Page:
The government's attempt to hide public debt could lead to a sovereign debt crisis similar to the one Greece faces now, noted economist Ammar Siamwalla has warned.
Nonetheless, he supports the government’s plan to use part of the country’s international reserves to pay off the debt of the Financial Institutions Development Fund (FIDF).
To make the government’s balance sheet look good, Yingluck Shinawatra’s government is trying to hide the extent of the public debt by concealing it in state-owned banks’ balance sheets – the same tactic used by the Thaksin government, Ammar said during an interview with Nation Multimedia Group.
As an example he cited the government’s requiring the Bank for Agriculture and Agricultural Cooperatives (BAAC) to support the rice-pledging scheme. The bank has so far spent about Bt300 billion on buying rice from farmers.
The government has bought unmilled rice for Bt15,000 per tonne, significantly higher than market prices.
“There’s a 99.999-per-cent chance that the government will lose taxpayer money when it sells rice later, with the loss estimated to be about Bt70 billion,” he said.
The Government Savings Bank, Government Housing Bank, Small and Medium Enterprise Development Bank of Thailand, Islamic Bank, Export-Import Bank of Thailand and Krung Thai Bank have been asked by the government to provide loans for populist schemes initiated by the government.
Ammar said this use of state-owned banks to support populist policies creates contingent liability, because if the banks have trouble, the government has to inject capital to keep them afloat.
In the past, the Greek government hid public debts. Two years ago it had to tell the world about the actual amount of debt, leading to the sovereign debt crisis, Ammar said.
He blamed politicians in both the government and opposition camps, saying they are short-sighted in their attempts to lure voters by campaigning on populist policies. “The Pheu Thai Party has gone to extremes in terms of populist policies, such as the rice subsidy, free computer tablets for kids and the Bt300-a-day minimum wage.”
Increasing the minimum wage is the right thing to do, but the government should have allowed the private sector to adjust first, he said.
Even worse, the Yingluck government did not think through its policies before presenting them to voters in the last election campaign, Ammar said.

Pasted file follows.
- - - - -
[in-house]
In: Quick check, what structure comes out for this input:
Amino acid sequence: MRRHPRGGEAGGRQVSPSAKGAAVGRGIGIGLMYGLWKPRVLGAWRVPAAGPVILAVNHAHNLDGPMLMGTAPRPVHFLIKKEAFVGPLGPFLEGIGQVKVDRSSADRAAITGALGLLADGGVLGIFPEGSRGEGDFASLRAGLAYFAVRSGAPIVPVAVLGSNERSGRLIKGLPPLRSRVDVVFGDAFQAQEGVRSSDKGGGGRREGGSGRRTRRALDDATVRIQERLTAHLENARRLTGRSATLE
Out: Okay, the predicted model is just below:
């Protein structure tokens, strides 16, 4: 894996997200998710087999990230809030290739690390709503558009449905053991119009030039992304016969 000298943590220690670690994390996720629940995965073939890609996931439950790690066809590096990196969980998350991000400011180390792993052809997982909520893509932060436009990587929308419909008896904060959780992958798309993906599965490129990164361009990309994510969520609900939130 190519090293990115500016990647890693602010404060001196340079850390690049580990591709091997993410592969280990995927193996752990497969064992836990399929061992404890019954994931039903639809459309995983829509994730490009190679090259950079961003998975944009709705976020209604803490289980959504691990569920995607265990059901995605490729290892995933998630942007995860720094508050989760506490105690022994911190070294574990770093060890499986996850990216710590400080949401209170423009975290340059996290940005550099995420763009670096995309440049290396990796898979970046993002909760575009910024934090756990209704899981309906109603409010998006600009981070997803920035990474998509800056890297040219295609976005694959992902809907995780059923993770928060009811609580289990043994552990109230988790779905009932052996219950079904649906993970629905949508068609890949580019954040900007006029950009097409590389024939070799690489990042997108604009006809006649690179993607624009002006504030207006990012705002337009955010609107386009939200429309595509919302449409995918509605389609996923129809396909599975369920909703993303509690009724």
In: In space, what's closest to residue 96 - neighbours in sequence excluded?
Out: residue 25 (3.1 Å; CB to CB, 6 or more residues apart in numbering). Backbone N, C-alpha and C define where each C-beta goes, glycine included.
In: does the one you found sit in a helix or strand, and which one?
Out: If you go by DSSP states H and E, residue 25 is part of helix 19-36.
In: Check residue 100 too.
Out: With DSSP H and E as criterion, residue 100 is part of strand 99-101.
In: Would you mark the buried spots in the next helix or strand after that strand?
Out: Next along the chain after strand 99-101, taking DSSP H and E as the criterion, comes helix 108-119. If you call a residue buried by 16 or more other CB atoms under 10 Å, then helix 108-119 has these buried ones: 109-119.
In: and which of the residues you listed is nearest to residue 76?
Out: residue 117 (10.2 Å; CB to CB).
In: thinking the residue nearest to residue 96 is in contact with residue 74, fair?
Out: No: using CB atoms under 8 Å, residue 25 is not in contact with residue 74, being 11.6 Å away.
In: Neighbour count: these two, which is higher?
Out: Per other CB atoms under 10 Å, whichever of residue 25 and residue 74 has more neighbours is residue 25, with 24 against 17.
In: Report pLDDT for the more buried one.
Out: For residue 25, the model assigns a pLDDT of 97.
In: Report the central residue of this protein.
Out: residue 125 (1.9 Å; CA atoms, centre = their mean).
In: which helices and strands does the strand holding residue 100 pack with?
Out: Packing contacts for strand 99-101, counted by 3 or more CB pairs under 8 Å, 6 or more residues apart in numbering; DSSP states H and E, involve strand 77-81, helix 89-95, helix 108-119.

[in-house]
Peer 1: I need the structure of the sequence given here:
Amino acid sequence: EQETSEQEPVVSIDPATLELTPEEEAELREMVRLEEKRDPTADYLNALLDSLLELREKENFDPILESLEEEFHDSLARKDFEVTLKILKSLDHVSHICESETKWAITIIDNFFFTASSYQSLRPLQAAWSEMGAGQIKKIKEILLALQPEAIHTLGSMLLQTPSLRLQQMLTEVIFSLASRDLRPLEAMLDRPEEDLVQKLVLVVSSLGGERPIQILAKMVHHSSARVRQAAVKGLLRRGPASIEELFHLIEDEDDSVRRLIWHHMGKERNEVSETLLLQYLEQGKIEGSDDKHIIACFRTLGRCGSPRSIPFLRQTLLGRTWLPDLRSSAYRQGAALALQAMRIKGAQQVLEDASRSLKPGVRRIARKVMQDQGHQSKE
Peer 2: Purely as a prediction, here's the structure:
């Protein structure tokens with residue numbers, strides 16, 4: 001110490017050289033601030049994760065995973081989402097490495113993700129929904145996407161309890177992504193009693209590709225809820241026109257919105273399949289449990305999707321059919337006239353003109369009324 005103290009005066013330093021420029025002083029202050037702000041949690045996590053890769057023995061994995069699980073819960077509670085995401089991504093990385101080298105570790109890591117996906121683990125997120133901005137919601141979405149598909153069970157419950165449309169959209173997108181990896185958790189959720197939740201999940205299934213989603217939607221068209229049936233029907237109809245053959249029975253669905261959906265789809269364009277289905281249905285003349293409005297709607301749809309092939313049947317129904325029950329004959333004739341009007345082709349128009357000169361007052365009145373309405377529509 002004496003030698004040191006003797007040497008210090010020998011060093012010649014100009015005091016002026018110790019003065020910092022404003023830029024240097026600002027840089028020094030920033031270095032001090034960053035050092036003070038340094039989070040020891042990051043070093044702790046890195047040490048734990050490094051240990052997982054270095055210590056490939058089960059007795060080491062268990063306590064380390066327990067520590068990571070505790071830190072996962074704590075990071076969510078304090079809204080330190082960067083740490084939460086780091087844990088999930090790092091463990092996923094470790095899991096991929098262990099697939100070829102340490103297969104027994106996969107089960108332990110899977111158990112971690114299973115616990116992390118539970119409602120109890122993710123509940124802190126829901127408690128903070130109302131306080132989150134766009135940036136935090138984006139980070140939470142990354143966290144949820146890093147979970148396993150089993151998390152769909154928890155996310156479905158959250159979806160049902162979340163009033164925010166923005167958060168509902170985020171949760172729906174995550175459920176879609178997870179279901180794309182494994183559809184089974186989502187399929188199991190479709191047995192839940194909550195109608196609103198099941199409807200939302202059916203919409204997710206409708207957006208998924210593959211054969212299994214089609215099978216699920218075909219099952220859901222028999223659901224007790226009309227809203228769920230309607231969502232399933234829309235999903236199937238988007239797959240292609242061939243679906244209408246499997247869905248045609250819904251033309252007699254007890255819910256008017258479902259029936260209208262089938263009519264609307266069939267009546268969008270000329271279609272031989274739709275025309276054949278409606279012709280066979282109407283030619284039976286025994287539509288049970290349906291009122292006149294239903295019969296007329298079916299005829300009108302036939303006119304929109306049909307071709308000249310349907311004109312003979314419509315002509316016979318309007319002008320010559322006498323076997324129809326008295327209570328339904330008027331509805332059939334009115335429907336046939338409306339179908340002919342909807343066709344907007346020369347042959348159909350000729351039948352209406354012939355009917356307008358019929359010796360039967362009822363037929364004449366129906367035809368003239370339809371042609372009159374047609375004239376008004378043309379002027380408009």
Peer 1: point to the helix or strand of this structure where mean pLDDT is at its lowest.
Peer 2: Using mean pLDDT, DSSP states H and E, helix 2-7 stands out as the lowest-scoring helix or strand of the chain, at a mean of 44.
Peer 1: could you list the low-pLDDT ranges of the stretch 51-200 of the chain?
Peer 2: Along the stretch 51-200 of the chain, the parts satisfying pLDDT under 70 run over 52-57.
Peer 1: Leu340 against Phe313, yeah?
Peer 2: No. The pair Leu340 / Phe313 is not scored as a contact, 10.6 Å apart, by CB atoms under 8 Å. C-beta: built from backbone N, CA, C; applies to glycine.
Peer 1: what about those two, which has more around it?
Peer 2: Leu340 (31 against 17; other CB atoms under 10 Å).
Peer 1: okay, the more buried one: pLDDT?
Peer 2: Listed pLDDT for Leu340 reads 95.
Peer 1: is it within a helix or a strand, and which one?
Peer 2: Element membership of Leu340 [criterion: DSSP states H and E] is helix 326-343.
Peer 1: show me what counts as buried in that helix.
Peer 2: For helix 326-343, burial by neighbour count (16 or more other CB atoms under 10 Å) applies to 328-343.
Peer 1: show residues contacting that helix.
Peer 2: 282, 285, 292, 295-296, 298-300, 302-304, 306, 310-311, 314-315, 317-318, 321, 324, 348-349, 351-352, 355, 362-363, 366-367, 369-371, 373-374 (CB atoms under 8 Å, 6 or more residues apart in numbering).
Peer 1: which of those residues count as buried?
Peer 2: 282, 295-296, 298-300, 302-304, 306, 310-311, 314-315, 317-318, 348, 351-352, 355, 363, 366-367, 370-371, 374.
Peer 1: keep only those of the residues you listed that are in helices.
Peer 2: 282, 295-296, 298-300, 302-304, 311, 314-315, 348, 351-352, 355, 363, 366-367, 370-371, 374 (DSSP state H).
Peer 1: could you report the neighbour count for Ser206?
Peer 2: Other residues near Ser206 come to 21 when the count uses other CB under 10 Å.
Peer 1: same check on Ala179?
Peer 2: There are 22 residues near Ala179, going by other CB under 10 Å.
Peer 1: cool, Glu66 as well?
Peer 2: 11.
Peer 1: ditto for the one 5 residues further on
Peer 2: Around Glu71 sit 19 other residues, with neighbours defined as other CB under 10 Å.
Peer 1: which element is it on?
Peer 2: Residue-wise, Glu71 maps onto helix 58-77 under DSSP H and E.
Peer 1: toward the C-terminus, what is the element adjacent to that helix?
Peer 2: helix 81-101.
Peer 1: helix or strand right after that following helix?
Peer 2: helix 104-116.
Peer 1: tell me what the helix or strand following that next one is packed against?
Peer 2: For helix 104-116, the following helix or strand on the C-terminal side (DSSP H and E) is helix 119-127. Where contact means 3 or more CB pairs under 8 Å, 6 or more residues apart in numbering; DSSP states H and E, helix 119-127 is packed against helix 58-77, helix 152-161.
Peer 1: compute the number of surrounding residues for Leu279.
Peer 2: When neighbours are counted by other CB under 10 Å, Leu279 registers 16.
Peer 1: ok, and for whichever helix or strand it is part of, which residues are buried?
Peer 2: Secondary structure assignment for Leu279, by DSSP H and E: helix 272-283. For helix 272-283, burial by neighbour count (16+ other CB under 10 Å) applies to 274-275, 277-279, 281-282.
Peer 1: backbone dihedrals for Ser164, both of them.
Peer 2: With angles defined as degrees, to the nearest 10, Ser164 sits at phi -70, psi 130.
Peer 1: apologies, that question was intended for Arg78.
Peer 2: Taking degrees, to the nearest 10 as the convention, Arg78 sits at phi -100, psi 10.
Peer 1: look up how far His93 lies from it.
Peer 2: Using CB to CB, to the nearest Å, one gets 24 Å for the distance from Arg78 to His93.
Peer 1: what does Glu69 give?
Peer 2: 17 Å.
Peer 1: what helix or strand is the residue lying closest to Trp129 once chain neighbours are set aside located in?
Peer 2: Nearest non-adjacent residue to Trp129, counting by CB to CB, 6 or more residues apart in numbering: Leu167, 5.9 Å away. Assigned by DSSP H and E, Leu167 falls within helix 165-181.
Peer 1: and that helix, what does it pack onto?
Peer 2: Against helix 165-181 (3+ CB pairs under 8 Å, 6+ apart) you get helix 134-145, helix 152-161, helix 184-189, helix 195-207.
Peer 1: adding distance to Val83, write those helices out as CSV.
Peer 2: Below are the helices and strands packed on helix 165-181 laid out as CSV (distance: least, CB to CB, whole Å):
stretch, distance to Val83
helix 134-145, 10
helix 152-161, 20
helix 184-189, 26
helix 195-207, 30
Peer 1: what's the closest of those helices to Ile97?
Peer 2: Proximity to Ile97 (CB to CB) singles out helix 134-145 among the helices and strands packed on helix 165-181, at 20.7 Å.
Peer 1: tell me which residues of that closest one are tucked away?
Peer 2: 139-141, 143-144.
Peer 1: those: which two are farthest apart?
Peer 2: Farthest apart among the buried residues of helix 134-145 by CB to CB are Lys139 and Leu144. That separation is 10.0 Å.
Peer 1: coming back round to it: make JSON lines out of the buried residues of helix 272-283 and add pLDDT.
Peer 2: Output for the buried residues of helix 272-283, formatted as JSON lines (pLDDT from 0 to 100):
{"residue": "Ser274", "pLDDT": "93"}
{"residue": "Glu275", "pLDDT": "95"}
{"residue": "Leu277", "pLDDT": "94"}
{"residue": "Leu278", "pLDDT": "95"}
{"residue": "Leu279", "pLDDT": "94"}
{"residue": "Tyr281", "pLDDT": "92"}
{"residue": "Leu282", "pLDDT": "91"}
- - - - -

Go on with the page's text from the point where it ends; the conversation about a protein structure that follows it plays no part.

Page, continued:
Voters had confidence in the Pheu Thai Party – a descendant of the banned, Thaksin-led Thai Rak Thai Party – because TRT implemented its election promises, Ammar said.
“Short-sighted Thai politicians just want to win elections and push fiscal liabilities into the future, similar to the Wall Street bankers who want big bonuses in the next few quarters, even though the banks may explode after that,” he said.
He compared the behaviour of Thai politicians to that of US bankers, whose push for high profits in the short term without thinking about risk management contributed to the 2008 global financial crisis.
Thai politicians’ preoccupation with short-term goals does not help private firms increase their competitiveness or labourers to increase their productivity, which is crucial for sustained growth, the economist said.
Ammar, however, said he agreed with the government’s plan to use part of the US$173 billion (Bt5.5 trillion) international reserves held by the Bank of Thailand to partially repay the FIDF’s Bt1.14-trillion debt. The government plans to use two sources of funding to pay off the FIDF’s debt: fees collected from commercial banks and the central bank’s annual profits.
Paying off the debt of the FIDF, which resulted from the bank bail-out during the 1997 financial crisis, would leave the government with more funding for needed infrastructure investment, he said. The government may then not worry that the public debt will approach the alarming level of 60 per cent of gross domestic product (GDP), up from 40 per cent of GDP currently.
The government plans to invest in road, rail, airports, seaports and other projects worth about Bt2.27 trillion over the next seven years.
There is room for the central bank to cut its policy rate further, from the current rate of 3 per cent, if the economic situation in Europe deteriorates, Ammar said.